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Dispatches from the Live from the Rock Folk Festival – Day 2 (Saturday)


12:30 p.m. – I’m settling in at the festival for the day while a workshop called Northern Roots unfolds on the mainstage, featuring Cindy Doire, Dana Sipos, and Tragedy Ann. This is a fantastic little line-up of youngish talent with many highlights. Among them: Cindy’s cover of “V’la l’Bon Vent,” Tragedy Ann’s tribute to the London town crier who spends hours each day calling people to wish them Happy Birthday, and Dana’s protest song for the Yukon waxwings — victimized by a scheme by conservation officers to build drunk tanks for them after deciding they were getting too shitfaced on fermented berries.

1:59 p.m. – Having finally figured out where the Dockside Stage is, I’m settling in to watch the 807 Representin’ workshop featuring Robin Ranger, Phil Drost and Cassidy Houston. This would be acts from northwestern Ontario, for those unfamiliar with the area code. Local jazz player Robin Ranger, who spends most of his time playing bars, is telling the audience how nice it is to be in a room where music is the focus rather than a part of the atmosphere, and how it presents an opportunity to play some songs that wouldn’t fly at your run-of-the-mill corporate elevator music gig. With that, he launches into a smoky vocal jazz number a la melancholy Louis Armstrong. The audience is rewarded for paying attention.

The most promising voice on this stage, for my money, is 21-year-old Cassidy Houston, who’s possessed of a powerful and expressive voice and a charming stage presence.

“I haven’t had a lot of life experience, so I write a lot about break ups,” she says to laughter.

“It doesn’t change,” Robin says to more laughter.

Seriously, Robin Ranger is kind of a revelation here too. It’s amazing what the right performance setting can do for an artist you’re used to seeing in the background – or as an opening act on a stage far to big for his intimate sound. Somebody put Robin in a 20-seat coffee house every now and again. Judging by the loud applause that’s been following his songs, I’m not the only resident of the 807 that’s caught off guard – in a good way – but how sweet he’s sounding here.

Robin Ranger, left, on the mainstage. Photo by Veronica Kovacs.

12:26 p.m. – Wait. Didn’t Cassidy just say she lacks life experience? Ok, she’s just introduced a song about a close friend dying. And “Nothing to Lose” was a big song. Now she’s invited the audience to sing along on a cover of “Dreams” by Fleetwood Mac. When checking out a new artist it’s always telling how well they do at covering other people’s big numbers, and she’s doing great – well, apart from realizing she can’t remember the first line and needs someone to give her the first word. Someone dutifully does. But then she gets to the second verse and bursts out laughing realizing that she again can’t remember the first line of the verse. She’s joking around with the audience about it like a pro, explaining that her best friend is in the audience watching her for the first time, and she’s totally distracted by it. All the same, she’s really struggling, and here I am typing away on a laptop that is actually connected to the internet because – crazy – this is an indoor stage with wifi. Do you think anyone would mind if I just pull up the lyrics on my screen and put my laptop up on stage for her? OK. Hang on. I’m going to go do that. Talk to you in a minute.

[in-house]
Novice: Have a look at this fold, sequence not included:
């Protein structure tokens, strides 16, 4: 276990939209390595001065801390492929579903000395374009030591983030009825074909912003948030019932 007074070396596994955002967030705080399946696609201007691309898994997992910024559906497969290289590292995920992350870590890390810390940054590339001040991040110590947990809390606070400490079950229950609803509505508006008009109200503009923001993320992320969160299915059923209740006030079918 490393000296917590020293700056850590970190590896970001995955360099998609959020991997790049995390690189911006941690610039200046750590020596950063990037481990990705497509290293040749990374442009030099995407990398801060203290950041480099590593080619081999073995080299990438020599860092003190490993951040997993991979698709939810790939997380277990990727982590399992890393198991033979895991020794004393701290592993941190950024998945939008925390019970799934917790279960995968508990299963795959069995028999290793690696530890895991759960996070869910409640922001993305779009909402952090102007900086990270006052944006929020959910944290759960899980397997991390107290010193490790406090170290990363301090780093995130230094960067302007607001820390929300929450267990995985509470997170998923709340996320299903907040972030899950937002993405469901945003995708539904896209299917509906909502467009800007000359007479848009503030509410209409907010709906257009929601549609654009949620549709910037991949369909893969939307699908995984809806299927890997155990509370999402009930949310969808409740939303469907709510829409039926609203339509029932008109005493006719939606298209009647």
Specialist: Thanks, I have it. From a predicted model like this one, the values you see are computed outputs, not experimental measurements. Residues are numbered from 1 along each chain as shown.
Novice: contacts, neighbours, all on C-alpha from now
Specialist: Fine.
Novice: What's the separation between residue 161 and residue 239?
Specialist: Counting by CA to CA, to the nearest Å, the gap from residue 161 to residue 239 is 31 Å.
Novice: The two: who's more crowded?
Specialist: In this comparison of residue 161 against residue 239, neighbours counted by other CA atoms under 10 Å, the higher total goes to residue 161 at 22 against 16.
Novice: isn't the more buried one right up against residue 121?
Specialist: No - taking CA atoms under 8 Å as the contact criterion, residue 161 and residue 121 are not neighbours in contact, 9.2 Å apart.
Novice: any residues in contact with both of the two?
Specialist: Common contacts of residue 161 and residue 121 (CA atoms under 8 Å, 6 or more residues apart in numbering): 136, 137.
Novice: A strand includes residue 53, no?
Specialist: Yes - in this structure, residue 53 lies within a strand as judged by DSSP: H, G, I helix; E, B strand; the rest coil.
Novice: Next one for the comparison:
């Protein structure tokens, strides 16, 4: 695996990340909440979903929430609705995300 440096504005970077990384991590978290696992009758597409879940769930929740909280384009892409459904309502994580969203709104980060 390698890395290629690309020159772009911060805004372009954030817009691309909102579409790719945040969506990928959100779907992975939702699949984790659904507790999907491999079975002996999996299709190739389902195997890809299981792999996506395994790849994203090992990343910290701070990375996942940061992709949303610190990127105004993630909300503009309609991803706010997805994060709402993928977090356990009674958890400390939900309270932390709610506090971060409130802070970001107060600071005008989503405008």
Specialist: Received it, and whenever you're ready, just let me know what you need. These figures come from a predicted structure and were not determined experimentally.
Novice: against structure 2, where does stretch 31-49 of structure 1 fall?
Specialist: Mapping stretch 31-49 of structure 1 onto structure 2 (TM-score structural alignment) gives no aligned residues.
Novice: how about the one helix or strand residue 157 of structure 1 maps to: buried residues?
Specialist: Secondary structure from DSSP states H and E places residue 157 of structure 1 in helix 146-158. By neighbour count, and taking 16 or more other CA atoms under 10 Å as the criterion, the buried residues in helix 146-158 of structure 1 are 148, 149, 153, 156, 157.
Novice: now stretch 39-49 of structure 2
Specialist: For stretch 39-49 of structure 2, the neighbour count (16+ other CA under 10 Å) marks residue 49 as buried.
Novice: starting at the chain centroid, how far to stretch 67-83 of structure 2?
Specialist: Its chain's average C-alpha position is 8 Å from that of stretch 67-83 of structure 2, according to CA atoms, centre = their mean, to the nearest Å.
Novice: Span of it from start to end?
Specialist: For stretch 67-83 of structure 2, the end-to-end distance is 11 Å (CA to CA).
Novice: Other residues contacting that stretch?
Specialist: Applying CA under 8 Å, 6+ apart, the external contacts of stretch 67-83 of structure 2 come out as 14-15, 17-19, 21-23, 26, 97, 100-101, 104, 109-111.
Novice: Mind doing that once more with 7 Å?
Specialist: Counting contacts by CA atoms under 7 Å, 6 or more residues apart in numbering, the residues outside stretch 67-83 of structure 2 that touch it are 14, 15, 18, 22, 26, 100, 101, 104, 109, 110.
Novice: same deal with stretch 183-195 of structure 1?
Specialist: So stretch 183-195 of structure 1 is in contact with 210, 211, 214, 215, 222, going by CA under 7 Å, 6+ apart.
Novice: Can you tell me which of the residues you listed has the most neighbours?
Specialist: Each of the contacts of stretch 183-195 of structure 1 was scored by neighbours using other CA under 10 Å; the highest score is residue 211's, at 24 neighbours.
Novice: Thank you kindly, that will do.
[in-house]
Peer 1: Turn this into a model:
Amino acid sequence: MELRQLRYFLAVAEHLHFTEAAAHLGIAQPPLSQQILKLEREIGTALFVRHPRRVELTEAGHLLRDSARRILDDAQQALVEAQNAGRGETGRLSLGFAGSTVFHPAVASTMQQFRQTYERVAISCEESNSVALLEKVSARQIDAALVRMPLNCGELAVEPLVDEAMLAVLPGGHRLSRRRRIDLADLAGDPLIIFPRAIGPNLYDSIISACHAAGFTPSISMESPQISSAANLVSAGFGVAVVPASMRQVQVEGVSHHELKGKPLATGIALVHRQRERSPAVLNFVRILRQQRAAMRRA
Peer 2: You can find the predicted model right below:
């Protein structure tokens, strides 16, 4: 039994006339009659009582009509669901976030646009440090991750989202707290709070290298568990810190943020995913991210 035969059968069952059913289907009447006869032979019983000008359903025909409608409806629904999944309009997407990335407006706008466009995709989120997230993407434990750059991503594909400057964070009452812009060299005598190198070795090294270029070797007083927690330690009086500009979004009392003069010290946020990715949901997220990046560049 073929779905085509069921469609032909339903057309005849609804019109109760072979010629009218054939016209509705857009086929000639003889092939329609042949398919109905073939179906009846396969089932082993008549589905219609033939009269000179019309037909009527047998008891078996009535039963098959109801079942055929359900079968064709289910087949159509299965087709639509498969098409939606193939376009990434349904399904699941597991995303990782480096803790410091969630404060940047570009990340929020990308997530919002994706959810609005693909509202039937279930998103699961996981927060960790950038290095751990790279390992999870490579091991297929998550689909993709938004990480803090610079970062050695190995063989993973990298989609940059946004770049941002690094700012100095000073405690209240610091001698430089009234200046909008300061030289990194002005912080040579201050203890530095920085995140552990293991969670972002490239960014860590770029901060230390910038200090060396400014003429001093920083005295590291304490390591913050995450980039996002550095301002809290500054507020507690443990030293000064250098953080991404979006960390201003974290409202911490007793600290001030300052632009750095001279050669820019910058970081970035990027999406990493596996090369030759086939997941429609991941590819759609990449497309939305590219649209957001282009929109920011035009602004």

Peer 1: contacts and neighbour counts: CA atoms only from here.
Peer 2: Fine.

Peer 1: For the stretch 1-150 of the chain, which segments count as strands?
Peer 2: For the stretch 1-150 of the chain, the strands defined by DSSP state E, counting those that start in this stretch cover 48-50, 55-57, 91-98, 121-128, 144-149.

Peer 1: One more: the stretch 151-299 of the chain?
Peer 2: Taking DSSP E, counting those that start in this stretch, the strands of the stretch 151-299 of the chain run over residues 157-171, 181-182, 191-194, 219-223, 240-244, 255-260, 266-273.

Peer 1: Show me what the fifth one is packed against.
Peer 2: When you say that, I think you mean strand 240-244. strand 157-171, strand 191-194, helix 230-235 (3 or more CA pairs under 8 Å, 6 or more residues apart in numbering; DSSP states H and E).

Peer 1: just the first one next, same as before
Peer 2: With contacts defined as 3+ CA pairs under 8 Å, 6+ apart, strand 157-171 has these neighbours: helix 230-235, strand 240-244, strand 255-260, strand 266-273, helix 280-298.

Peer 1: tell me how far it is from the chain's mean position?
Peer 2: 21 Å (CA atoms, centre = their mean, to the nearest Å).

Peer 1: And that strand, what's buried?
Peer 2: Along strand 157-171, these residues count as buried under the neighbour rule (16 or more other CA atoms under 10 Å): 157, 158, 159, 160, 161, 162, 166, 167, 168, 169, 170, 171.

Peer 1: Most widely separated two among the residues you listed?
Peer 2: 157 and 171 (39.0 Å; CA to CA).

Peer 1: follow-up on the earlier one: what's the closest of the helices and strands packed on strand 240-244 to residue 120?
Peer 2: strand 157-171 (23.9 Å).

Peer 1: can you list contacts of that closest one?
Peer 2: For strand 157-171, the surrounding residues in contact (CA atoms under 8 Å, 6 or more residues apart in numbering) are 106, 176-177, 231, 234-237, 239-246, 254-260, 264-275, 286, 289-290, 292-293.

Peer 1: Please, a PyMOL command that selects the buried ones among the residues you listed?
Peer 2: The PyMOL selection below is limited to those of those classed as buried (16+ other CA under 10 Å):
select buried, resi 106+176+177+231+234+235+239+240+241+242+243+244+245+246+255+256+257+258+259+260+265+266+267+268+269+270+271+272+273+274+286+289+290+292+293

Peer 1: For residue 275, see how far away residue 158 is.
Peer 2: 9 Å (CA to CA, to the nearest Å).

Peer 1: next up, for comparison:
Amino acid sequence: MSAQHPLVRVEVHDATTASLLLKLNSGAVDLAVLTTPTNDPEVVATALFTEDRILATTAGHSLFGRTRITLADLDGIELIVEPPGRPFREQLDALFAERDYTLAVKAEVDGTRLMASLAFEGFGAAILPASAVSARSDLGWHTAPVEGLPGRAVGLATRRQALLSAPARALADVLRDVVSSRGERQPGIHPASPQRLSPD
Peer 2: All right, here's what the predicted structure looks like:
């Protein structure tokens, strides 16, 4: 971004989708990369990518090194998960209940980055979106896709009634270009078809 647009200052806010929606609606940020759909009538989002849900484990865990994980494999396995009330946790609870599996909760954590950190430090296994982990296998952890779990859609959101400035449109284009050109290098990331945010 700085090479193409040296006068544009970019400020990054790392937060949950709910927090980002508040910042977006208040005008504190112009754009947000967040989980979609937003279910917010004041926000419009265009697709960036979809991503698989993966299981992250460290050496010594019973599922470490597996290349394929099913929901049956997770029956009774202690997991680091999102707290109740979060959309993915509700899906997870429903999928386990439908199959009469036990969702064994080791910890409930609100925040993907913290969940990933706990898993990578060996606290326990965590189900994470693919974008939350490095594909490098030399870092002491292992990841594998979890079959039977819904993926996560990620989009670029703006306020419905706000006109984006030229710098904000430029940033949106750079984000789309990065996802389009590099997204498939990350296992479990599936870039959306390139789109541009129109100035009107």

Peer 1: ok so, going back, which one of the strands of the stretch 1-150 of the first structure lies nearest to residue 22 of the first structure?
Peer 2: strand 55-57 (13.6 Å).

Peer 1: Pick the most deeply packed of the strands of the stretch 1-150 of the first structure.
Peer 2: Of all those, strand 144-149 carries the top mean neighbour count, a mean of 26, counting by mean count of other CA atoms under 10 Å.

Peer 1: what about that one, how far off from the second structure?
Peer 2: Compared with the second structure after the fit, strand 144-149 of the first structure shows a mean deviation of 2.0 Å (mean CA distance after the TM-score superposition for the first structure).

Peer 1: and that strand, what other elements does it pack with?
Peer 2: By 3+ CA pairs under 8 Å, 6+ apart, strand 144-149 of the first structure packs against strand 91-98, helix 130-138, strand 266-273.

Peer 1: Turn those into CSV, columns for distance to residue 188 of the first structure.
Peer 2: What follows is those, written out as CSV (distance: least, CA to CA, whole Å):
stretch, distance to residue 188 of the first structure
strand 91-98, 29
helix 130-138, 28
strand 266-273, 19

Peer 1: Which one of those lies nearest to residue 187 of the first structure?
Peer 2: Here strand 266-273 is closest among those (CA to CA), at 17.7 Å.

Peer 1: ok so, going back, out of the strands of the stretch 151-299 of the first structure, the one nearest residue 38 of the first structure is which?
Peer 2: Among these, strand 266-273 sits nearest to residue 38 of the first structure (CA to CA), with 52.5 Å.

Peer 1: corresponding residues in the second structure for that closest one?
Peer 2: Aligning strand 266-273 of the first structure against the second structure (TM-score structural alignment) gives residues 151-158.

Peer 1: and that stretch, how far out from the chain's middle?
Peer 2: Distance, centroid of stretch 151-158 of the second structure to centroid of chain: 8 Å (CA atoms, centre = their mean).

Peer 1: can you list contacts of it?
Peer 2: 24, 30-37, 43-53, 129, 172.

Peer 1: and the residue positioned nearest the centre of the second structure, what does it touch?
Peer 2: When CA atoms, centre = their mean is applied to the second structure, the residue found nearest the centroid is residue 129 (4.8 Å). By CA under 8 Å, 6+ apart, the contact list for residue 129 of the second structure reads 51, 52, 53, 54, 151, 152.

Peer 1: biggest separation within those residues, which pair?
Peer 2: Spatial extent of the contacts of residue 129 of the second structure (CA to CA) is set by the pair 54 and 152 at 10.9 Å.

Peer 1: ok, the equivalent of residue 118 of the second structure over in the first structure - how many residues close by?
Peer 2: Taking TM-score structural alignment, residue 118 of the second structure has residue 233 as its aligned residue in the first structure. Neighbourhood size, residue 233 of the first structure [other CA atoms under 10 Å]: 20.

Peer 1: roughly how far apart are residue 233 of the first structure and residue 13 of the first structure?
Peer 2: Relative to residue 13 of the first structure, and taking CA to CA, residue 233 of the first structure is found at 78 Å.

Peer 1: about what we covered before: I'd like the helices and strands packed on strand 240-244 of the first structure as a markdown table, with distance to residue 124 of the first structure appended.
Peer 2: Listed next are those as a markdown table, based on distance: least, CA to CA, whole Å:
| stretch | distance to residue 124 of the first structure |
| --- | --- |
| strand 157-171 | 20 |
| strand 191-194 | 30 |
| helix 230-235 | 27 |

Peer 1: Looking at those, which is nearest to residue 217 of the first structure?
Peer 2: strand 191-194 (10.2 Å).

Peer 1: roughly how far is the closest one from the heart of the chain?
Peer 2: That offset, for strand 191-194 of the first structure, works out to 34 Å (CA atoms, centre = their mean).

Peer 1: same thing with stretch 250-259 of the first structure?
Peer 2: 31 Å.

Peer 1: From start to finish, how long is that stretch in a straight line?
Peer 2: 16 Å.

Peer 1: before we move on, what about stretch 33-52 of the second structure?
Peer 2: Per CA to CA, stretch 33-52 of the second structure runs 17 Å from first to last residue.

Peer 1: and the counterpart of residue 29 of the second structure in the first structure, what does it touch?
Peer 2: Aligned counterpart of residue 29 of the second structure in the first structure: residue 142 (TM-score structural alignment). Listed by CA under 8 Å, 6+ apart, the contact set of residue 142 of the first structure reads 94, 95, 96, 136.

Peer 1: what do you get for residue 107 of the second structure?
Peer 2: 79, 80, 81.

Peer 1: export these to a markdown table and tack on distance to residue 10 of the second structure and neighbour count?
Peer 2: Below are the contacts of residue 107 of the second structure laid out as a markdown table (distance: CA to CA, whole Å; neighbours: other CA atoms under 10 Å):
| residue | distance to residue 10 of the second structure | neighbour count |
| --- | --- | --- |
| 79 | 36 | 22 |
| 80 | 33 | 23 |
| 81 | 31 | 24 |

12:50 p.m. – What a gal. She even gets up off the stage to bring me my laptop back after the song. Go see Cassidy Houston, everyone. She’s a great singer, she’s great fun on stage, and she has impeccable manners. By the way, she had the audience singing along on “Dreams too.” Good on her.

3:12 p.m.Hunt and Gather are doing a song called “As the Crow Flies” on the Bayside Stage during a workshop called Unplugged. There is a surprising number of electric instruments onstage for a workshop called Unplugged, but if you can get passed the liberal interpretation of the theme, the music is sounding pretty good. I’ve never heard “As the Crow Flies” plugged in, but honestly, it’s so well-crafted, I can’t imagine a better showcase for it than this pared down arrangement.

Dana Sipos on the mainstage. Photo by Heather Kitching.

Nadjiwan, a.k.a. Thunder Bay-born, Toronto-dwelling Marc Merilainen, does an opening number called “Daylight Night,” which is beautiful and impassioned — and although it is pretty plugged in sounding, he’s also accompanied by an acoustic wooden flautist who absolutely makes the song.